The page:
The Corner

United States v. Arizona — How ‘Bout United States v. Rhode Island?

Well whaddya know? It turns out that Rhode Island has long been carrying out the procedures at issue in the Arizona immigration statute: As a matter of routine, RI state police check immigration status at traffic stops whenever there is reasonable suspicion to do so, and they report all illegals to the feds for deportation. Besides the usual profiling blather, critics have trotted out the now familiar saw that such procedures hamstring police because they make immigrants afraid to cooperate. But it turns out that it’s the Rhode Island police who insist on enforcing the law. As Cornell law prof William Jacobson details at Legal Insurrection, Colonel Brendan P. Doherty, the state police commander, “refuses to hide from the issue,” explaining, ”I would feel that I’m derelict in my duties to look the other way.”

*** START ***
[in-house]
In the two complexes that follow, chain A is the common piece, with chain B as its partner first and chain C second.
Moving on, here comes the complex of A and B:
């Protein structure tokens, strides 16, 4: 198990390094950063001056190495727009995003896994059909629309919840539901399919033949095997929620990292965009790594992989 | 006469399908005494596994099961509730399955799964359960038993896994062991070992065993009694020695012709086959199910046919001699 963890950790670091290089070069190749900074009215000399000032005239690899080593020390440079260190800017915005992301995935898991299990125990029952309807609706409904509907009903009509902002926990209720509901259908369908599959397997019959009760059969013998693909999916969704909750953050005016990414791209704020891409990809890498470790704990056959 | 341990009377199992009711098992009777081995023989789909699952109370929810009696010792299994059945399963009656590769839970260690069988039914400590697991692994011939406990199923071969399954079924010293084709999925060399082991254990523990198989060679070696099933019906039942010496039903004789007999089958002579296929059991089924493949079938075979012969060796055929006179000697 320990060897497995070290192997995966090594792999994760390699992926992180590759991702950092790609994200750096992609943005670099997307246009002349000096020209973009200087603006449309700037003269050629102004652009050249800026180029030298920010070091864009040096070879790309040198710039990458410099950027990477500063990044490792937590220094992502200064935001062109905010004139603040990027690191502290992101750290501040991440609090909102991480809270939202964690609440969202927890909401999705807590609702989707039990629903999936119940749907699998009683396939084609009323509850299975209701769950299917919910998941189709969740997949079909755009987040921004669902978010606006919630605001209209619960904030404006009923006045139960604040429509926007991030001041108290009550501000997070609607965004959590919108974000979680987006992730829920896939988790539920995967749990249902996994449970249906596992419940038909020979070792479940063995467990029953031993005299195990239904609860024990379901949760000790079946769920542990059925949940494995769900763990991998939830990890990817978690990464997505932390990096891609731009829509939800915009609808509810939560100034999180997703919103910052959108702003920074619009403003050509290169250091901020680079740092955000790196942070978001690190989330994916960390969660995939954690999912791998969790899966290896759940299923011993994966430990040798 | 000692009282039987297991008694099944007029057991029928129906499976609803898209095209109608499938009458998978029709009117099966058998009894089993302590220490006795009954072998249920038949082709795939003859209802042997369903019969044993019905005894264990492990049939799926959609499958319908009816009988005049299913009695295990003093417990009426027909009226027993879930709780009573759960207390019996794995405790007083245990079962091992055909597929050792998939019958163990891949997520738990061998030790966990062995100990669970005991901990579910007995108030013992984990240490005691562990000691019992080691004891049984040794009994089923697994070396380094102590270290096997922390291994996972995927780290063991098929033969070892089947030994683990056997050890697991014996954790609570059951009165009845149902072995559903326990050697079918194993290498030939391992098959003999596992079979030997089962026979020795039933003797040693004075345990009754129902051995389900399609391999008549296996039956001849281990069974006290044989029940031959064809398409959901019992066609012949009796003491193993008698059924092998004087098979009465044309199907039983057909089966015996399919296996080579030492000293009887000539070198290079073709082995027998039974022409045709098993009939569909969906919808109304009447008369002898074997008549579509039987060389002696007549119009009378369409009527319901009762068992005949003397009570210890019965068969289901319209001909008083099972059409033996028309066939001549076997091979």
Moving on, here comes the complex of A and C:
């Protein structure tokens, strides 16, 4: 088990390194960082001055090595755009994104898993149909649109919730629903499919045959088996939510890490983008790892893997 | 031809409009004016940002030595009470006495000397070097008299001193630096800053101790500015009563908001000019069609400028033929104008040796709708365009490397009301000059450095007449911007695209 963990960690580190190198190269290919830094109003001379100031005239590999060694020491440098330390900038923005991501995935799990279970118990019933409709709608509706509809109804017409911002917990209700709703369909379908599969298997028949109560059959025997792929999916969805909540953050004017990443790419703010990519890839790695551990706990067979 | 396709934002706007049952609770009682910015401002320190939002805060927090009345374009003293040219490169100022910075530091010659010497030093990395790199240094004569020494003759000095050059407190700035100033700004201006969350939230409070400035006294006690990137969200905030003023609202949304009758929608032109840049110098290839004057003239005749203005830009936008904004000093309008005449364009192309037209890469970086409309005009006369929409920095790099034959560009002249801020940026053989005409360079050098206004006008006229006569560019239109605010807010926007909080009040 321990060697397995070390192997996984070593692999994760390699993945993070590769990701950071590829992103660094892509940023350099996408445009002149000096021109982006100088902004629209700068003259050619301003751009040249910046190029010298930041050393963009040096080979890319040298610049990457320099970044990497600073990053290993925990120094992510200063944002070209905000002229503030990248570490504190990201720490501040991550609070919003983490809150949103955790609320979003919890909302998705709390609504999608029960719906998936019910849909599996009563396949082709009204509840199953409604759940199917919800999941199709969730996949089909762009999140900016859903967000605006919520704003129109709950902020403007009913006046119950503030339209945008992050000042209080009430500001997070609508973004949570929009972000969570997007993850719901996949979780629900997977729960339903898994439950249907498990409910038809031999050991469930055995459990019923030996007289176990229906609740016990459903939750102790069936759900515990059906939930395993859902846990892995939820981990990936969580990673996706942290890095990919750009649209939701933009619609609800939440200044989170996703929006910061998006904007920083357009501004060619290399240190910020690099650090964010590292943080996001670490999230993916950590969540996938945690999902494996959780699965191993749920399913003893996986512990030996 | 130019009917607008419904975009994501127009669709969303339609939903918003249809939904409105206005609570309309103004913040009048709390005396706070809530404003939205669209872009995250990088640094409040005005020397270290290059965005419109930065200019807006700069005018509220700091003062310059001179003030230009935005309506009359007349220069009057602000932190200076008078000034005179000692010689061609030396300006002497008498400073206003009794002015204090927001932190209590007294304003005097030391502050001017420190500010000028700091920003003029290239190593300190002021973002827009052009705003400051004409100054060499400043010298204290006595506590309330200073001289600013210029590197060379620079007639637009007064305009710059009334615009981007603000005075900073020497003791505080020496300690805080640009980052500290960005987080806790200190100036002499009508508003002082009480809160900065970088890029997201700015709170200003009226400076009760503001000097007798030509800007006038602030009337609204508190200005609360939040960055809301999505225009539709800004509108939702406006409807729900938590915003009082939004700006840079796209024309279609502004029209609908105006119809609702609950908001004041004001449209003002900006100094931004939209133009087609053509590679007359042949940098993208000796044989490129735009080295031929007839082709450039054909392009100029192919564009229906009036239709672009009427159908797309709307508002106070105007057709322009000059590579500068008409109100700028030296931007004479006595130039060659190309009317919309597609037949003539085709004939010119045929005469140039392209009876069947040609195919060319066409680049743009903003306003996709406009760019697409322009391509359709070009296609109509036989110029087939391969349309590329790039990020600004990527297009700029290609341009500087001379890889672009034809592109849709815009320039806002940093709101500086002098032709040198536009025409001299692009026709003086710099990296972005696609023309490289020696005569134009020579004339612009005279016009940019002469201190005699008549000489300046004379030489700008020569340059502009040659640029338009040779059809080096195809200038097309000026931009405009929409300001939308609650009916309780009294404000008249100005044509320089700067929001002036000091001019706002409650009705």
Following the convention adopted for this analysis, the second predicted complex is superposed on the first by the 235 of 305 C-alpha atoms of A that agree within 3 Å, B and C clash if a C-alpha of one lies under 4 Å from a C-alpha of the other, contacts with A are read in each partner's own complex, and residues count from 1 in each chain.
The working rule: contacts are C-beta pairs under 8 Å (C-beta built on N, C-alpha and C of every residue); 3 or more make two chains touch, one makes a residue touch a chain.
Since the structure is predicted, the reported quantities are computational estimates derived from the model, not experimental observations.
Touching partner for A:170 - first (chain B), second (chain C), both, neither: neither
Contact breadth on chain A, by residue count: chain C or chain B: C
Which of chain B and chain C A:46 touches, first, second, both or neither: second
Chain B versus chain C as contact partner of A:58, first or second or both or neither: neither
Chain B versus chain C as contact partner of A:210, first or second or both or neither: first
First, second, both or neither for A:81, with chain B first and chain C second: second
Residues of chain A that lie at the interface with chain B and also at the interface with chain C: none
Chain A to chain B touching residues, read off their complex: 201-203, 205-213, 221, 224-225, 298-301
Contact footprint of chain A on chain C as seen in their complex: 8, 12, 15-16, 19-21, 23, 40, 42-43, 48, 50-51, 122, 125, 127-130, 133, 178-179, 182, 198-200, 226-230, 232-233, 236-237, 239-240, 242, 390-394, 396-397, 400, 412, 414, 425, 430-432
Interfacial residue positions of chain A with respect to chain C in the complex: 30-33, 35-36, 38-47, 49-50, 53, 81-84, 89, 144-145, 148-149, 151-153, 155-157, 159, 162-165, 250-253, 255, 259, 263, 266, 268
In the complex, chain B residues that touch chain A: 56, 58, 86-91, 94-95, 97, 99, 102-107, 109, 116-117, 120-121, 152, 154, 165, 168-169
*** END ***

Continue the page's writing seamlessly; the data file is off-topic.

If, as President Obama and Attorney General Holder claim, there is a federal preemption issue, why hasn’t the administration sued Rhode Island already? After all, Rhode Island is actually enforcing these procedures, while the Arizona law hasn’t even gone into effect yet.

Could it be because — as we’ve discussed here before — the Supreme Court in Muehler v. Mena has already held that police do not need any reason (not probable cause, not reasonable suspicion) to ask a person about his immigration status?

Could it be that just this past February, in Estrada v. Rhode Island, the U.S. Court of Appeals for the First Circuit upheld the Rhode Island procedures, reasoning that, in Muehler v. Mena, the Supreme Court “held that a police officer does not need independent reasonable suspicion to question an individual about her immigration status”?

So, we have a Justice Department that drops a case it already won against New Black Panthers who are on tape intimidating voters in blatant violation of federal law, but that sues a sovereign state for enacting a statute in support of immigration enforcement practices that have already been upheld by two of the nation’s highest courts. Perfect.

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